Sarawak heads to polls in search of lost prosperity
by Steve Suwannarat

Local elections today in the northern Borneo state, which has been part of the Malaysian federation since 1962 and where only 25% of the population is Muslim. The economy weighs heavily with the local GDP lagging and poverty climbing among the most disadvantaged sectors of the population.


Kuching (AsiaNews) - The people of Sarawak, the Malaysian state that together with Sabah occupies the northern part of the island of Borneo, go to the polls to elect their representatives in the local parliament of Kuching. This is the twelfth election since the territory joined the Malaysian federation in 1963.

Restrictions due to the Covid-19 pandemic add to the usual difficulties for many people registered to vote, especially in harder to reach areas. Constitutional rights, autonomy and equal development in the context of the country remain pressing issues in this veritable kaleidoscope of ethnicities and faiths.

Only 25% of Sarawak's population are ethnic Malays and Muslims, another 25% are of Chinese origin; the rest are Indians and a mosaic of indigenous ethnic groups known collectively as Dayak, the best known of which is the Iban. Sarawak is also the most Christianised state in Malaysia, with over 42% of the population baptised, compared to a national average of less than 1%. The 218,000 Catholics are divided between the archdiocese of Kuching and the dioceses of Miri and Sibu.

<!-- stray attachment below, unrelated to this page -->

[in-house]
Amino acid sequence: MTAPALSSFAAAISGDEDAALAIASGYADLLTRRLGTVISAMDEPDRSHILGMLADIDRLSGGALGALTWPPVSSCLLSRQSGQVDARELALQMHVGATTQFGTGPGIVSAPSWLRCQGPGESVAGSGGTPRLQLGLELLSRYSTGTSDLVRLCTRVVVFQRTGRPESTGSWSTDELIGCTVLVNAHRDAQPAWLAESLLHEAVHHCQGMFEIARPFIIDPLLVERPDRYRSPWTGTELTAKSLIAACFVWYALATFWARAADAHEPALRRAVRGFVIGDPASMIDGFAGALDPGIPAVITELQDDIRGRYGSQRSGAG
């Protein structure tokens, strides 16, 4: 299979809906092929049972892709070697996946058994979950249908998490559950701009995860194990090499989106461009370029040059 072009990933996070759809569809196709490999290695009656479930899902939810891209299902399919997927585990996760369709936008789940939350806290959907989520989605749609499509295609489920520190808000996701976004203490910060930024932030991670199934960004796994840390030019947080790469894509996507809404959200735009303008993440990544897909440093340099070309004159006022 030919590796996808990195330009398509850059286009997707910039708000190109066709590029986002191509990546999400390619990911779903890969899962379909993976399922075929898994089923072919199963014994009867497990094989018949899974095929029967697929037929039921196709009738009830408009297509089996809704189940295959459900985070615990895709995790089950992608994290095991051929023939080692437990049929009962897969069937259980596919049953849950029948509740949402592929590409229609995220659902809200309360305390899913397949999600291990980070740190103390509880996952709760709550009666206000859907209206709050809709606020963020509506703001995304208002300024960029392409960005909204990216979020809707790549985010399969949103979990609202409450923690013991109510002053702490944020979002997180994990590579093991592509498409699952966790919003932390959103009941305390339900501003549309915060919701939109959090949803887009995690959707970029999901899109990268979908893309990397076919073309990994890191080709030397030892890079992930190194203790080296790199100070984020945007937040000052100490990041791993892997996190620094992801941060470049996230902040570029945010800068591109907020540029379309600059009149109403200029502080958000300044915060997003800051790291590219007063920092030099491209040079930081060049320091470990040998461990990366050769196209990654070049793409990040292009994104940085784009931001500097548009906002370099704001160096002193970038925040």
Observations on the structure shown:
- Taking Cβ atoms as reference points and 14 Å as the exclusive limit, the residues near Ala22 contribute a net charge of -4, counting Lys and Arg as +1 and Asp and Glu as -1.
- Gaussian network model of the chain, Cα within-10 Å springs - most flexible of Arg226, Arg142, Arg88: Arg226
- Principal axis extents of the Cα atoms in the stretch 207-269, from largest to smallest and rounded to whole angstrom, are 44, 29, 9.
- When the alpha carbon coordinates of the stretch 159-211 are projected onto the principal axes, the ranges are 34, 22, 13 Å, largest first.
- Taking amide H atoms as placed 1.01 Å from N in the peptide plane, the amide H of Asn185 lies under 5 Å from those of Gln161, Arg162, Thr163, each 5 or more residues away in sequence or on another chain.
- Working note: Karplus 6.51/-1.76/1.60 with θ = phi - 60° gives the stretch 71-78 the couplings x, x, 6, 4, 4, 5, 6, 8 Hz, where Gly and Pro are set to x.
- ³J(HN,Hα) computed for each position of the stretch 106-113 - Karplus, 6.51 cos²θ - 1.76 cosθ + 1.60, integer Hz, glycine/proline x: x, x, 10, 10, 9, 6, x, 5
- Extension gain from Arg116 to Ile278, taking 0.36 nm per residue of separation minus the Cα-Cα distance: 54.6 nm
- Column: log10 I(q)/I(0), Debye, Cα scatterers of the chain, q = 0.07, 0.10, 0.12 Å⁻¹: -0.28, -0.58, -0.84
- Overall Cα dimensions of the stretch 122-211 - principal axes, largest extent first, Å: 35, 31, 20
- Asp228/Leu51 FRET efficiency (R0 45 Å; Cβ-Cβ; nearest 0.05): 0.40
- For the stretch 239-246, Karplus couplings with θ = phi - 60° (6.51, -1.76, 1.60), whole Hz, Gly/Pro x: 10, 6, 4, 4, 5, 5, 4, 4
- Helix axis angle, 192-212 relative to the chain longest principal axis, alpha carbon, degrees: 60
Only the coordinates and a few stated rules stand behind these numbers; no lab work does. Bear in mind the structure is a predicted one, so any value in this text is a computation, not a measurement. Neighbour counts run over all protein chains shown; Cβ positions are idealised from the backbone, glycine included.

Socio-economic proposals will mainly guide voters' choices in today's vote. For example, the outgoing coalition government, Gabungan Parti Sarawak, has declared its willingness to support a minimum income of US$ 354 a month, promising accelerated development by 2030.

While in mainland Malaysia, politics is mainly about attacking the Barisan Nasional coalition, which has ruled since independence and which the opposition accuses of illiberal attitudes, corruption and favouritism towards the Malay-Muslim majority, in Sarawak the confrontation is above all between different personalities and development proposals.

The growth of the local gross domestic product has averaged 0.9% over the last five years, compared to 2.7% for the country as a whole. All this while there has been a growth in poverty among the 40% of the population living in the most disadvantaged conditions. The official unemployment rate rose from 3.1% in 2019 to 4.3% last year, while the pandemic also contributed to a 7.1% drop in GDP in 2020. In essence, in casting their votes for the 349 candidates vying for the 82 assembly seats, voters (1.25 million out of nearly 3 million inhabitants) expect to make up for lost wealth and time.